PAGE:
“Knowing that there are some in the Chandler area that struggle to even put food on the table while our cupboards are full was just unacceptable,” says the Rev. Ron Burcham, Risen Savior Lutheran Church and School senior pastor. “We also knew that as individuals, we could make a difference, but if we pooled our resources and asked for God’s blessing we could have a substantial impact.”

The program began the first week after Easter and concluded Sunday, May 18. In conjunction with the drive, Burcham prepared a four-week sermon series about feeding people in need, whether spiritually or through food assistance.

“It was marvelous,” says food drive cochairman Bryan Newman.

The sermon focused on the Miracle of Five Loaves and Two Fish, with a message that not just one person can feed 5,000 people, but together, as a congregation, a huge difference can be made. To make his point and to encourage the congregation to donate, Burcham displayed the collected food on the altar.

“We had people dropping food by the church every day of the week,” he says. “What a privilege to witness the generosity of God’s people and their desire to make a difference in someone else’s life.”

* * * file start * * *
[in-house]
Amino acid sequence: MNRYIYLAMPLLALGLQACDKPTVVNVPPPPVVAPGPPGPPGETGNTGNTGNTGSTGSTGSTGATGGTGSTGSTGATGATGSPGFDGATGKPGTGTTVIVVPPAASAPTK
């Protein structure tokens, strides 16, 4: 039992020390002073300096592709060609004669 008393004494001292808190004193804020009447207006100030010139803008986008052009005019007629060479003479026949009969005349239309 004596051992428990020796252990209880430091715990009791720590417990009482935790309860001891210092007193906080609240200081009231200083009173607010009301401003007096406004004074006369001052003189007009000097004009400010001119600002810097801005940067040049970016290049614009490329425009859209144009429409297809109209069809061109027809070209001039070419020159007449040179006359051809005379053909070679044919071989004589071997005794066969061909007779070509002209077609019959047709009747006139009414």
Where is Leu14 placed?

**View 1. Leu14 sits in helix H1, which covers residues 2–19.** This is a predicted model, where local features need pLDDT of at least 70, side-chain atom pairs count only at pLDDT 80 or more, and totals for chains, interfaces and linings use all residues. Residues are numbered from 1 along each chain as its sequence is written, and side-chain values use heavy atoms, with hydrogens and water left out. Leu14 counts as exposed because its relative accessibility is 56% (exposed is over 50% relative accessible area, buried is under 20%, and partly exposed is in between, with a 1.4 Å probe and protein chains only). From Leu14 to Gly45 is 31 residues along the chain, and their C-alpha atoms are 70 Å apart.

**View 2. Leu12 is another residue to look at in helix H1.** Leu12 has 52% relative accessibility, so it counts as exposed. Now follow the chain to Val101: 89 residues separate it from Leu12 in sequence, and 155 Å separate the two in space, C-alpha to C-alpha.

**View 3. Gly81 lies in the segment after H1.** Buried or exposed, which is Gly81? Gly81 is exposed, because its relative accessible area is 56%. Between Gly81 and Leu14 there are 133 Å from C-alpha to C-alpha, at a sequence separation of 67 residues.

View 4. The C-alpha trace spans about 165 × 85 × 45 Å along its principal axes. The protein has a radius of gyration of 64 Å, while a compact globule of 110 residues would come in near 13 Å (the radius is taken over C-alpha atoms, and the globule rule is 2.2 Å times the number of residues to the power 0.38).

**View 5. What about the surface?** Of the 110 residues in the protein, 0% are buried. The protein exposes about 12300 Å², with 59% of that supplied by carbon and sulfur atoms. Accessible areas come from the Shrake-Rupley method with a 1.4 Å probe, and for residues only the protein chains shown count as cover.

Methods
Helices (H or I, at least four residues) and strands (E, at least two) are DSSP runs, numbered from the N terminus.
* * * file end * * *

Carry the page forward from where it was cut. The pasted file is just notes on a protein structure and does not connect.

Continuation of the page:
Six members of the congregation gathered after church the last day of the drive to begin counting what was collected.

“It took the six of us five hours to box and move the food outside of the sanctuary to be picked up from the food bank,” says Newman, who added that the food filled one and a half trucks and a van.

He says they collected 8,241 food items that had an estimated value of more than $16,000. The donations weighed 7,244 pounds, which is equivalent to 3.6 tons of food.

“That is enough to provide about 5,660 meals,” Newman says.

More than $1,000 in donations from the congregation was also collected during that four-week food drive.

Risen Savior Lutheran Church and School plans on continuing its services for the community.

“This is the first move in doing that,” Newman says.

The congregation, located at 23914 S. Alma School Rd., has been generating ideas on how to further help the community, including providing turkeys to the food bank.

“I am extremely proud of our congregation,” Burcham says. “They gave freely and generously from their hearts. As a result, they are a blessing to others and in the end it was a blessing for each member as well.”

For more information about the congregation, call (480) 895-6782 or visit http://www.rslcs.org.